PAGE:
When starting a business, there are many common employment issues to consider. Join Weintraub attorneys Meagan Bainbridge and Ryan Abernethy in Part Two of their Employment Start-Up Kit for Start-Ups series for California Employment News, where they cover employee payroll, HR, and other important things for new businesses to consider to limit liability.
Listen to Part One of this Two-Part Series here.
Watch this episode on the Weintraub YouTube channel here.
Hello, everyone. Thank you for joining us for this installment of California Employment News, an informative video podcast resource offered by the Labor and Employment Group at Weintraub Tobin. My name is Meagan Bainbridge, and I’m a shareholder in the firm’s labor and employment group. And today I’m joined by my colleague Ryan Abernethy for the second episode of our two-part series regarding employment policies for startups. The first episode concentrated on the importance of properly determining employee classifications to avoid future liability. Today we’re going to focus on the nuts and bolts of employing your very first employees. Ryan, what should startups know about paying its employees?
Thanks, Meagan. The very first thing that a startup would need to do is to obtain what’s called the Employer Identification Number, or the Ein number. It’s also known as the Federal Tax Identification Number. And what an Ein does is it’s needed to pay employment taxes to hire employees, to open a bank account, to apply for business licenses and permits and all those things. It’s kind of a first step in the process here. The next step that’s highly recommended is that the startup consider retaining what’s called a payroll service company. And there’s a lot of options out there in the marketplace. But payroll service companies, they assist with payroll processing and management services, such as everything from tracking employee attendance to collecting wage and time information, calculating wages and payroll taxes, keeping electronic payroll records, setting and making direct deposits all the way to actually mailing out the tax information to the employees as well as their paychecks. A lot of things that would be very foreign to a startup that specialize in particular business but wants to be able to outsource some of these HR type work. But it’s important that the startup is aware that these service companies, they’re not your attorneys, and ultimately their problems and any issues that could be imputed to you in the form of liability.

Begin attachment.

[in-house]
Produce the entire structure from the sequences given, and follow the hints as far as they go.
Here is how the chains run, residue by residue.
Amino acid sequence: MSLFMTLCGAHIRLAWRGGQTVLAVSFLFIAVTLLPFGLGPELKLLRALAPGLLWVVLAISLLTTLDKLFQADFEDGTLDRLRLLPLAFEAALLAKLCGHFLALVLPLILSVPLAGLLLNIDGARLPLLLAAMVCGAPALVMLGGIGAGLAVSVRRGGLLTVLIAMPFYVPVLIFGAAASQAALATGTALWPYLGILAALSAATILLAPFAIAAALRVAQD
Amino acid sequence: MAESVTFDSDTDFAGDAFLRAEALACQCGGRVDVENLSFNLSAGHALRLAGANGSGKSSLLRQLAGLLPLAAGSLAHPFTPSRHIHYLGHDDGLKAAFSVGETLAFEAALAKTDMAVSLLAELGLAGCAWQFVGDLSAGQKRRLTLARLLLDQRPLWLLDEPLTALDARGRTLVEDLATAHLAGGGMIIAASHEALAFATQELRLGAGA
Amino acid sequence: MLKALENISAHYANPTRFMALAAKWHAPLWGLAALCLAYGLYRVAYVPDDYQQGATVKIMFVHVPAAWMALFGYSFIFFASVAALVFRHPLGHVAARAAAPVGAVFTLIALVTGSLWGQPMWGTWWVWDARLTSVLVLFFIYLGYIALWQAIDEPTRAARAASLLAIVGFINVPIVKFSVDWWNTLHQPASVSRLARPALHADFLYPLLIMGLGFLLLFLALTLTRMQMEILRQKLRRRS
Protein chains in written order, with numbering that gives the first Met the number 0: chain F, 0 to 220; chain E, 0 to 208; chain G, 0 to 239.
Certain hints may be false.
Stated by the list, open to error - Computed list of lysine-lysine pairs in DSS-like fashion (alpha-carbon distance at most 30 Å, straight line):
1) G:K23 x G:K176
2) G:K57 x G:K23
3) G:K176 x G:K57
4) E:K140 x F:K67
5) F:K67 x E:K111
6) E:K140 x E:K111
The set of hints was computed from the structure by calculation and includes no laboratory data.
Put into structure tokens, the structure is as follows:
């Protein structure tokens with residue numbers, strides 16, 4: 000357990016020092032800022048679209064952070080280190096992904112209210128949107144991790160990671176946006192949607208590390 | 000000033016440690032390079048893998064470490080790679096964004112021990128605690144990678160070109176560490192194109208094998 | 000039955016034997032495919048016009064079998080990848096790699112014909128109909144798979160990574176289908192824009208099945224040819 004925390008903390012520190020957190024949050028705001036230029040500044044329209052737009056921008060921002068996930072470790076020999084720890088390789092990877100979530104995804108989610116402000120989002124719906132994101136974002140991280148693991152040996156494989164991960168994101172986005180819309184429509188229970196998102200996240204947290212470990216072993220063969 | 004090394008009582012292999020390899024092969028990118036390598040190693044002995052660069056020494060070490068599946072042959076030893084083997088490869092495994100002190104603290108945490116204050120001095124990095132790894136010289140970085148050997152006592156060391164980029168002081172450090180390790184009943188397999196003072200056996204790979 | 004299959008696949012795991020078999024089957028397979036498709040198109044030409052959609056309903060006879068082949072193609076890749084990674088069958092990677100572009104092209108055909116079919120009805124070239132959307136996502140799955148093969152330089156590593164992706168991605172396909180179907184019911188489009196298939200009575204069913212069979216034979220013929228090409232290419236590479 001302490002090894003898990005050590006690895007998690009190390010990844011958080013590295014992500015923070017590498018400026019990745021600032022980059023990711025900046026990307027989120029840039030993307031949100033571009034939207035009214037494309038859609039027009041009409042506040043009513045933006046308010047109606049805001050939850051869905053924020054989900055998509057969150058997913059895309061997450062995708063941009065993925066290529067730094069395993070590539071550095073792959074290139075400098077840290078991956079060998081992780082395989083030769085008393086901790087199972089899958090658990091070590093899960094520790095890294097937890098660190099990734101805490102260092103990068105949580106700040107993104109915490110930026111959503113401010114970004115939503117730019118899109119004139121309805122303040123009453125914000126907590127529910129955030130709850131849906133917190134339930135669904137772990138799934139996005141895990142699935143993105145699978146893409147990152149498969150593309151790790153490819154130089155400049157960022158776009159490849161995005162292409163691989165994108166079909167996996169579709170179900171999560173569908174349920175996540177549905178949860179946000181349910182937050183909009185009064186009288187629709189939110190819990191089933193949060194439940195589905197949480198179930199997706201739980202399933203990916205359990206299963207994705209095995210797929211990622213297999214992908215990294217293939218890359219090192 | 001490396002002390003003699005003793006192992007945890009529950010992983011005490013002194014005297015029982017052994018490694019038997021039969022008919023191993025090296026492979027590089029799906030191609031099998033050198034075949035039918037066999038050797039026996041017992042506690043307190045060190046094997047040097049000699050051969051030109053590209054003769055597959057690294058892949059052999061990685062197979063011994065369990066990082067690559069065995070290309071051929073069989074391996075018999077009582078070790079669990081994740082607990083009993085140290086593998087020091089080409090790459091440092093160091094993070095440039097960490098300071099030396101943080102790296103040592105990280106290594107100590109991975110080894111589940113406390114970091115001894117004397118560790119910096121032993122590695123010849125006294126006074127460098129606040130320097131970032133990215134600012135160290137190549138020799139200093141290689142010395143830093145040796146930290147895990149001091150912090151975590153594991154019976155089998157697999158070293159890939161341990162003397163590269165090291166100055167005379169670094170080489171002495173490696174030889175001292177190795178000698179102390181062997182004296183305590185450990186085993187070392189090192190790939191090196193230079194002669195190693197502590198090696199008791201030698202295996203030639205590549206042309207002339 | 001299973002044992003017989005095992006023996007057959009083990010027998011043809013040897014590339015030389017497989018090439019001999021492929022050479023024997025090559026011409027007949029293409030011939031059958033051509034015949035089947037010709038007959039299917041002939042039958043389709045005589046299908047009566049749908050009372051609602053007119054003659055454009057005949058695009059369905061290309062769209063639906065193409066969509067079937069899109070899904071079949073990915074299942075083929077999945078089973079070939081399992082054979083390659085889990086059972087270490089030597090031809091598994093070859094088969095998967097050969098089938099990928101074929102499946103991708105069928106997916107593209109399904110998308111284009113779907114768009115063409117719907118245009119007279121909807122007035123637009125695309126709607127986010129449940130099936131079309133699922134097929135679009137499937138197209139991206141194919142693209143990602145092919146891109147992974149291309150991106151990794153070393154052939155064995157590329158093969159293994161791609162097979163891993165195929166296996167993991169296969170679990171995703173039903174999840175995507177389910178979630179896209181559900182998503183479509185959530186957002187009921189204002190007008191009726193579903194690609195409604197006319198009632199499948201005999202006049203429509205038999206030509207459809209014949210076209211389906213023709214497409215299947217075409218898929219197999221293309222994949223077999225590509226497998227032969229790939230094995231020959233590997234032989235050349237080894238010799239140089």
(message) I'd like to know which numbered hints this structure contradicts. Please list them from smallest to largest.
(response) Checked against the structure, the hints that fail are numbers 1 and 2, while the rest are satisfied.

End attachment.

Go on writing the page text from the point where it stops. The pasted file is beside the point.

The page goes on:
We’ll share a quick war story here. Sometimes employers in California, they round employee time and clock in and clock out times to the nearest five-minute increment, for example. In most cases, that’s no longer lawful in California. But many payroll companies continue to list rounding as an option that they can select when they’re selecting the payroll services. And so this error alone can lead to hundreds of thousands of dollars in liability depending on the size of the company and how long it’s been in place. So again, that’s just one example of many as to why it’s still important to make sure that those errors, there are no errors at the onset and that you’re ready to go. And so it’s good to have maybe attorney review some of those things. Another thing that startups need to consider as maybe a third step, is to make sure their timekeeping system is in place. This is something that payroll services can often assist with and provide compliant meal and rest breaks. That’s a new universe for a lot of people. We have other episodes you can go back where we talk about the specific requirements. I won’t belabor this video with those, but feel free to go back and review those.
But essentially it’s a 30 minutes break for every 5 hours worked, and then ten minute rest break for every 4 hours worked, and then the minimum wage is another issue that startups need to consider quite right off the bat. When you have an employee and most people are familiar with the state and the federal minimum wage, but minimum wage can actually vary from city to city and county to county. So it’s really important that startups be aware of whatever applicable wage might be in effect. In addition, and lastly, here is, I guess, the remote workers issue. A lot of startups, we find they employ folks who are working in different states often, right? Even though they’re performing work for a California based company. It’s likely that the state’s employment laws would apply to wherever that employee is actually based. So again, that adds a wrinkle to make sure it’s ironed out at the onset when you’re starting up here. With that, Meagan’s going to share now some additional HR issues for startups to consider.